How Europe's IXV Space Plane Works (Infographic)
ESA's tiny suborbital testbed vehicle could pave the way for later orbital space planes.
Credit: By Karl Tate, Infographics Artist

The European Space Agency's unmanned IXV (Intermediate eXperimental Vehicle) is a test vehicle for trying out technologies that could be used in future low-Earth-orbit spacecraft. It will make its first test flight in February 2015. An Arianespace Vega rocket will launch the IXV during the mission.

Europe's IXV Space Plane in Photos

The IXV's 100-minute hypersonic and supersonic flight is a suborbital hop from the Guiana Space Center — Europe's launch complex in French Guiana. The mission will launch the IXV spacecraft over the Eurasian continent and is aimed at a landing zone in the Pacific Ocean, where a recovery ship will fish it from the sea. The craft reaches a maximum altitude of 256 miles (412 kilometers).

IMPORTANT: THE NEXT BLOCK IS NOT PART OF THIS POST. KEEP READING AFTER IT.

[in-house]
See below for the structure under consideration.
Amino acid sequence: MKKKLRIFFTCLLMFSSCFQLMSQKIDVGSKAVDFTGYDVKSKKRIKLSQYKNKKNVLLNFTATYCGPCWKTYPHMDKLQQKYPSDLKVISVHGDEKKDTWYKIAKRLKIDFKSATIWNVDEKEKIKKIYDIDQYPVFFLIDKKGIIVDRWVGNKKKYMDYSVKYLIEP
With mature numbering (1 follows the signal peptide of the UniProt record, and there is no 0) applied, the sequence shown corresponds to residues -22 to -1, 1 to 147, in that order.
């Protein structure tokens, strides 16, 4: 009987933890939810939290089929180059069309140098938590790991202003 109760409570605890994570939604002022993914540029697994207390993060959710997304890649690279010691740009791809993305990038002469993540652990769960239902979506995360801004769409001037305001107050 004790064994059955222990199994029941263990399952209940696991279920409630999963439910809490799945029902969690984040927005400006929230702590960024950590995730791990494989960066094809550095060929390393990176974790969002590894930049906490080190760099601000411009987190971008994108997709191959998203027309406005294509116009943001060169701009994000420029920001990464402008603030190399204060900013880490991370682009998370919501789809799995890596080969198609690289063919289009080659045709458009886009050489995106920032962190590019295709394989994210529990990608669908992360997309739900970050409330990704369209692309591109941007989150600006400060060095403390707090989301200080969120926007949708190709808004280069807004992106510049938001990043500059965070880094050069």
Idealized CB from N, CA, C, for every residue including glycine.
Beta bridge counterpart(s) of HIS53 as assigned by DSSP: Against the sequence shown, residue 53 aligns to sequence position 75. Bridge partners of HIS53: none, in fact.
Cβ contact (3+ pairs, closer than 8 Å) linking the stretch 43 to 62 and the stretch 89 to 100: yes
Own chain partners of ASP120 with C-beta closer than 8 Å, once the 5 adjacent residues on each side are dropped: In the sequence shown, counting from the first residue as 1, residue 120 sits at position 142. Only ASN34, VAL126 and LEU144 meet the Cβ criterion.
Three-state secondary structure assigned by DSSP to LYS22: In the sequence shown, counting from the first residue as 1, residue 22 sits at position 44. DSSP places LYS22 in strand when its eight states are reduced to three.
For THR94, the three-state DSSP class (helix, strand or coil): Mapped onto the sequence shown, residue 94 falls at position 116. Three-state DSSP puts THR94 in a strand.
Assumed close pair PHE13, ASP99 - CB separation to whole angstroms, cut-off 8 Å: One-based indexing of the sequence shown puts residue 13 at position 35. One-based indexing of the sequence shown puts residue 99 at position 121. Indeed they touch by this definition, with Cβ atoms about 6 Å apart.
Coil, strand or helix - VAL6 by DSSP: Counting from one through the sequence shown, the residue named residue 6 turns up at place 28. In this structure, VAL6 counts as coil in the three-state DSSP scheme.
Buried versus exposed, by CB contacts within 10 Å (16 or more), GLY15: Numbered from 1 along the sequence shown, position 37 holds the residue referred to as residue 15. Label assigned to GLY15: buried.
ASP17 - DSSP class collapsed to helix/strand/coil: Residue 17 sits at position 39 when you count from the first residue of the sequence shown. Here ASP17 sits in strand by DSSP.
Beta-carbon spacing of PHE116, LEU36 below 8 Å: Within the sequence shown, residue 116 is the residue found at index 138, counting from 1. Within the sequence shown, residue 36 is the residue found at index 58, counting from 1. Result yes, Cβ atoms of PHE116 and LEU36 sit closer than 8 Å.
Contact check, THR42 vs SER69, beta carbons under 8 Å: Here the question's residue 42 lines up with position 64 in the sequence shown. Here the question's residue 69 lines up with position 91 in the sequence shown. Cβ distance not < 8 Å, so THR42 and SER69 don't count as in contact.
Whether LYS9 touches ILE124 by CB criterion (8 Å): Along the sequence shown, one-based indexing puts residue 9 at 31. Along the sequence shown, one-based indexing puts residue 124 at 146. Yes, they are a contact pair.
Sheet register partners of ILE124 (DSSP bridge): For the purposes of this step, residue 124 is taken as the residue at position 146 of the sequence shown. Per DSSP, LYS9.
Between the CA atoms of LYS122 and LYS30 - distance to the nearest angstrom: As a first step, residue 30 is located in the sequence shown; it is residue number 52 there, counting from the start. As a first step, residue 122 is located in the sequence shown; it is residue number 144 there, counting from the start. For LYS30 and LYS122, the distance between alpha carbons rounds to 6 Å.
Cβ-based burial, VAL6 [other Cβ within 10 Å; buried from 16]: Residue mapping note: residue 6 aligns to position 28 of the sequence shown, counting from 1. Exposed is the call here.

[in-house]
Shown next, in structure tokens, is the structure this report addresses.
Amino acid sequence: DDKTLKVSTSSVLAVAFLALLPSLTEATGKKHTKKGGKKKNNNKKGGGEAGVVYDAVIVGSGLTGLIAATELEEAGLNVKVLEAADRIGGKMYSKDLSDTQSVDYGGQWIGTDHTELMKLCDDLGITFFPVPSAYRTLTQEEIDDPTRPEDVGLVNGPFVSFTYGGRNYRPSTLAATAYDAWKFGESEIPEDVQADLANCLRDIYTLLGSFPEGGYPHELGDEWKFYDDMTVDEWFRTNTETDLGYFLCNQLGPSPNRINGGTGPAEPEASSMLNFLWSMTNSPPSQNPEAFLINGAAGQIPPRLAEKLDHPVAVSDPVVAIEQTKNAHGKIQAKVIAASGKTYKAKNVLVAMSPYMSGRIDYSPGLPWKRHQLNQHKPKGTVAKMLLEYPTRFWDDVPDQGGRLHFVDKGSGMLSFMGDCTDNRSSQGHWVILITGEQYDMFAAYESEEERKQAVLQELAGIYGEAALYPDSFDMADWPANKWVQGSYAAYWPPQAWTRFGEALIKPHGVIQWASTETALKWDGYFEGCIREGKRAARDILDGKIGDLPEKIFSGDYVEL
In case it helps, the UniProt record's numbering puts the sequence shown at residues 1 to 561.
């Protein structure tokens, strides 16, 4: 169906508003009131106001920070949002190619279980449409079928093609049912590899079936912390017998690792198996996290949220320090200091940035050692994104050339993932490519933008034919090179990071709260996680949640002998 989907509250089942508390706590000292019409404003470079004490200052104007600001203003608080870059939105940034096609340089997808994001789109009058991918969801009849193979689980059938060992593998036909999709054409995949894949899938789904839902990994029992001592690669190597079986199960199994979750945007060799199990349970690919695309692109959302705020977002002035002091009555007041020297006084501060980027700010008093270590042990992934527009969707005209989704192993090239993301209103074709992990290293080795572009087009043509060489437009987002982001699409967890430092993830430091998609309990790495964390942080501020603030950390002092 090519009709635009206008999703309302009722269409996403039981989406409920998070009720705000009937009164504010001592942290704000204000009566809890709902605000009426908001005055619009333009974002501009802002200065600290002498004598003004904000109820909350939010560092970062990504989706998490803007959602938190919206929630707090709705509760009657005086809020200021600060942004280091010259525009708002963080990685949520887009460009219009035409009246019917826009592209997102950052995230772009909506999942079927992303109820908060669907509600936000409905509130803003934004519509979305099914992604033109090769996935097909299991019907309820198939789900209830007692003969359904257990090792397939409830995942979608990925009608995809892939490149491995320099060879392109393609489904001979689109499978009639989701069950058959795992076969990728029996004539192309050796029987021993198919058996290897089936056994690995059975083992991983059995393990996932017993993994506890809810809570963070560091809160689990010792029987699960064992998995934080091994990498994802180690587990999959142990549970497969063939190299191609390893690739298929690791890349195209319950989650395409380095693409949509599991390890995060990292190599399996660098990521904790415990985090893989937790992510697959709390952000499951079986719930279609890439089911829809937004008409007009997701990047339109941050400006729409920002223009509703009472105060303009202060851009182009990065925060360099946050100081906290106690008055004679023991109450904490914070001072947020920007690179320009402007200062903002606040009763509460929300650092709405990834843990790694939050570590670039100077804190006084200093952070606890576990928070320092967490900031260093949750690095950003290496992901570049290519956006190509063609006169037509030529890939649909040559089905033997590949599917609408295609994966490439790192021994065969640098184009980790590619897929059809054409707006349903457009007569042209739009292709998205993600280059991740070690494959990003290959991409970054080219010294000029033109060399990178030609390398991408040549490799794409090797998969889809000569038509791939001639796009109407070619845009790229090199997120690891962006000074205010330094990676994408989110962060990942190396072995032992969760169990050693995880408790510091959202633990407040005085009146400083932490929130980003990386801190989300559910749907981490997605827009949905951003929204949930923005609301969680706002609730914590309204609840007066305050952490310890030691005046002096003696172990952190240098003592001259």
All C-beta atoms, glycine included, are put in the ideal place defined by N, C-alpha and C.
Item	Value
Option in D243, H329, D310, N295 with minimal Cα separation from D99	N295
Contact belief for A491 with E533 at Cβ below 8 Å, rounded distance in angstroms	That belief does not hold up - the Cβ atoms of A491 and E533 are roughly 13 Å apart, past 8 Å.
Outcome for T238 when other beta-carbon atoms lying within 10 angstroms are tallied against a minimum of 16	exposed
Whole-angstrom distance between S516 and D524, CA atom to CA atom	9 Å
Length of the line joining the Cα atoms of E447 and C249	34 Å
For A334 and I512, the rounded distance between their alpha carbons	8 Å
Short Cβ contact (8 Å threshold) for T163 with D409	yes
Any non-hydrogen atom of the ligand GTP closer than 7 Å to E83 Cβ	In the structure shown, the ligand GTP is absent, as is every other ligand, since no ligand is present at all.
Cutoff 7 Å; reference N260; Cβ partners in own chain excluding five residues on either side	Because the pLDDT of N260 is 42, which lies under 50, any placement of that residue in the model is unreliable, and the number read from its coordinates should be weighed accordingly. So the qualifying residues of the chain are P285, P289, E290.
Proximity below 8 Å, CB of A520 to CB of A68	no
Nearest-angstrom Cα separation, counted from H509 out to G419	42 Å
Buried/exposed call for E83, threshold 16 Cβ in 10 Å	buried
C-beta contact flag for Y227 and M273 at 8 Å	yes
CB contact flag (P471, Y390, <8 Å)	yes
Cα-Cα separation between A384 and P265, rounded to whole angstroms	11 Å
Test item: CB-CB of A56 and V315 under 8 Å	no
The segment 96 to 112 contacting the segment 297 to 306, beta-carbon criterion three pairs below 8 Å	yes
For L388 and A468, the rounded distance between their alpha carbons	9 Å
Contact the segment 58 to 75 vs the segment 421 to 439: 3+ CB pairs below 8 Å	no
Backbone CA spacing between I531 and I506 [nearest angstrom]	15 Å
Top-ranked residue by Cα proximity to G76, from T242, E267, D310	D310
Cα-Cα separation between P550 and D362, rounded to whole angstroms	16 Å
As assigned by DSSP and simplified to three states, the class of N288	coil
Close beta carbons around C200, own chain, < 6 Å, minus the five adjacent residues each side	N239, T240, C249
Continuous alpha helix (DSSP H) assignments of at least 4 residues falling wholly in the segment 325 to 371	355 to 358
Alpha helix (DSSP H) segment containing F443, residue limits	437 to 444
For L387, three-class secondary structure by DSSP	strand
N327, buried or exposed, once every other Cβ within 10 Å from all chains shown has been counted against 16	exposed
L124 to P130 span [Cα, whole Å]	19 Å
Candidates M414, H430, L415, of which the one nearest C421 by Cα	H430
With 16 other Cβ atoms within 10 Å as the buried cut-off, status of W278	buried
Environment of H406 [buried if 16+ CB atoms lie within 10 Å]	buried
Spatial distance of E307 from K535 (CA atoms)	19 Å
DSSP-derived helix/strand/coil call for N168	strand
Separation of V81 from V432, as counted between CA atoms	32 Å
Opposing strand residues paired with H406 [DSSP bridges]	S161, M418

The IXV space plane is a wingless spacecraft with a lifting body design, which means the vehicle's aerodynamic shape gives it the lift it needs to stay aloft. Two aft-mounted flaps will steer the spacecraft during its descent.

The spacecraft's belly is covered in protective heat-resistant panels made of carbon fibers that have been woven into a ceramic matrix. An infrared camera and 300 sensors on the heat shield will map the heat flow on IXV's belly during re-entry.

ESA hopes to follow the IXV mission with PRIDE (Program for a Reusable In-Orbit Demonstrator for Europe). PRIDE would deploy satellites before re-entering and landing on a runway.

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